--Communicate inaccurate information and frequently misunderstand each other
--Are closed-minded to and unwilling to be influenced by peers
--Give each other negative feedback
--Express verbal and physical hostility toward peers
In both learning situations there are perceptions and feelings of:
--Distrust for other students
--Higher fear of failure and more feelings of failure
--Less mutual concern and feelings of responsiblity for peers
--Being rejected and disliked by classmates
Both competitive and individualistic learning activities provide little or no
information about handicapped peers, thus allowing intial stereotypes to
continue. What little information is available is likely to confirm existing
impressions that handicapped peers are "losers." The boundaries of the handicap
are not clarified (Johnson and Johnson 1980).
HOW CAN REGULAR EDUCATION TEACHERS BECOME FACILITATORS OF MAINSTREAMED
CLASSROOMS AND PROMOTE SOCIAL INTERACTION BETWEEN HANDICAPPED AND NONHANDICAPPED
Social skills can be taught by carefully planned modeling programs. Regular
education teachers can become successful facilitators of mainstreamed classrooms
through the use of social skill instruction and the use of appropriate
individualized instructional methods. For handicapped students:
--Appropriate behaviors need to be modeled. Handicapped students need the
opportunity to practice demonstrated behaviors
--Appropriate behaviors need to be prompted. Handicapped students need the
opportunity to correct behavior when signaled
--Appropriate feedback needs to be given to supply corrective guidance to the
Nonhandicapped students become more accepting when given factual information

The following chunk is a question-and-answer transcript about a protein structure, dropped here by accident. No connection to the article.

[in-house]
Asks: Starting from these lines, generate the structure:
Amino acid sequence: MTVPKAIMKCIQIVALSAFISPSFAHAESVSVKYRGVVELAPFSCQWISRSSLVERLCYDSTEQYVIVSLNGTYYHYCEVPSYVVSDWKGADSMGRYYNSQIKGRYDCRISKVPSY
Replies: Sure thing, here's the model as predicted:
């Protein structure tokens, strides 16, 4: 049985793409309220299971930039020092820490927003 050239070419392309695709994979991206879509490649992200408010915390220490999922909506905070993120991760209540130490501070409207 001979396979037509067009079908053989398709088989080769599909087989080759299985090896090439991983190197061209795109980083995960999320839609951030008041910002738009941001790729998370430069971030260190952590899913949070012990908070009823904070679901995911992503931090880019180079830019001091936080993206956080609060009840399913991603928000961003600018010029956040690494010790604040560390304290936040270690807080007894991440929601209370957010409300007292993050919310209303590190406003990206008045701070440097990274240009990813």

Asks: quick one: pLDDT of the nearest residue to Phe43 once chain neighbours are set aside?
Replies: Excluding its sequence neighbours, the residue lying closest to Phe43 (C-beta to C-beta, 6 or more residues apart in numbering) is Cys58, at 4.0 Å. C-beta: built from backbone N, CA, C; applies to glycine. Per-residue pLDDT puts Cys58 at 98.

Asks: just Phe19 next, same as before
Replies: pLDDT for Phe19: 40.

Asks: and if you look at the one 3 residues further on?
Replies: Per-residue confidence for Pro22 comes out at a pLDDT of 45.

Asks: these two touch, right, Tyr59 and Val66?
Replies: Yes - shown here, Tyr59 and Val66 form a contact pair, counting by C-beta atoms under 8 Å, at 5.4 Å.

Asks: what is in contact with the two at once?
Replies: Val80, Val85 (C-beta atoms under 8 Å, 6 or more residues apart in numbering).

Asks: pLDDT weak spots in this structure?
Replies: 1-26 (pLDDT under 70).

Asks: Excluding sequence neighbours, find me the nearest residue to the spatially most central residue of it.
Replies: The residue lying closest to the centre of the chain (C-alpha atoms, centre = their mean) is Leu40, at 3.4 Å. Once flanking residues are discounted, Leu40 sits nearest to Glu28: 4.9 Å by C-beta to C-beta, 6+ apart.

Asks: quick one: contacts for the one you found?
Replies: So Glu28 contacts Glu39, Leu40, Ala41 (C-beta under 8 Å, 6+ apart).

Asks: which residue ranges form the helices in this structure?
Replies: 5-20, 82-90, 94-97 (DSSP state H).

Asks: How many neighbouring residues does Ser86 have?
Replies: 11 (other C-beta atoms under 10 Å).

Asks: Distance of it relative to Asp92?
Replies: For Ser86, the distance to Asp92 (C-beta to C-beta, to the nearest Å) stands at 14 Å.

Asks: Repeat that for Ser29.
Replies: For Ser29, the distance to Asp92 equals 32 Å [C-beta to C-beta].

about handicapping conditions and handicapped individuals (Schumaker and others
1982). Accurate information needs to be provided to replace the fears and
prejudices cultivated by ignorance (Day and others 1983; Gresham and others
1982). Most importantly, the instructional process needs to be individualized
for both handicapped and nonhandicapped students.
WHAT SOCIAL SKILLS SHOULD BE TAUGHT TO HANDICAPPED STUDENTS?
Teachers need to equip students with the necessary skills to effectively
demonstrate sensitivity, responsiveness, and generosity during peer interaction
(Combs and Slaby 1977). These skills include accepting responsibility for
actions, problem solving, negotiation, conversation, following instructions,
accepting positive feedback, accepting negative feedback, giving positive
feedback, giving negative feedback, resisting peer pressure, and both cognitive
and affective role-taking skills.
WHAT AREAS OF INSTRUCTION SHOULD BE INDIVIDUALIZED FOR BOTH HANDICAPPED AND
The proper individualization of instruction will make it possible for
mainstreaming to provide handicapped and nonhandicapped students with their
least restrictive environments and least restrictive alternatives. The learning
situation has a direct relationship with acceptance and/or rejection. All
students could benefit from individualized instruction in basic skills, higher
level skills, management procedures, time mangement, use of materials and
equipment, note taking, and study habits.
FOR MORE INFORMATION
Combs, M. L., and D. A. Slaby. "Social Skills Training with Children." In
ADVANCES IN CLINICAL CHILD PSYCHOLOGY, edited by B. B. Lahey and A. E. Kazdin.
New York: Plenum Press, 1977.
Day, R. M., and others. "The Social Competence Intervention Project:
Developing Educational Procedures for Teaching Social Interaction Skills to
Handicapped Children." BEHAVIORAL DISORDERS 8 (1983):120-127.
Gresham, F. M. "Misguided Mainstreaming: The Case for Social Skills Training
With Handicapped Children." EXCEPTIONAL CHILDREN 48 (1982):422-433.
Johnson, D. W., and R. Johnson. LEARNING TOGETHER AND ALONE: COOPERATION,
COMPETITION, AND INDIVIDUALIZATION. Englewood Cliffs, NJ: Prentice Hall, 1975.
Johnson, R., and D. W. Johnson. "The Social Integration of Handicapped
Students Into the Mainstream." In SOCIAL ENVIRONMENT OF THE SCHOOLS. Reston, VA:
The Council for Exceptional Children, 1980.
Schumaker, J. B., and others. "Social Skill Performance of Learning Disabled,
Nonlearning Disabled, and Delinquent Adolescents. LEARNING DISABILITY QUARTERLY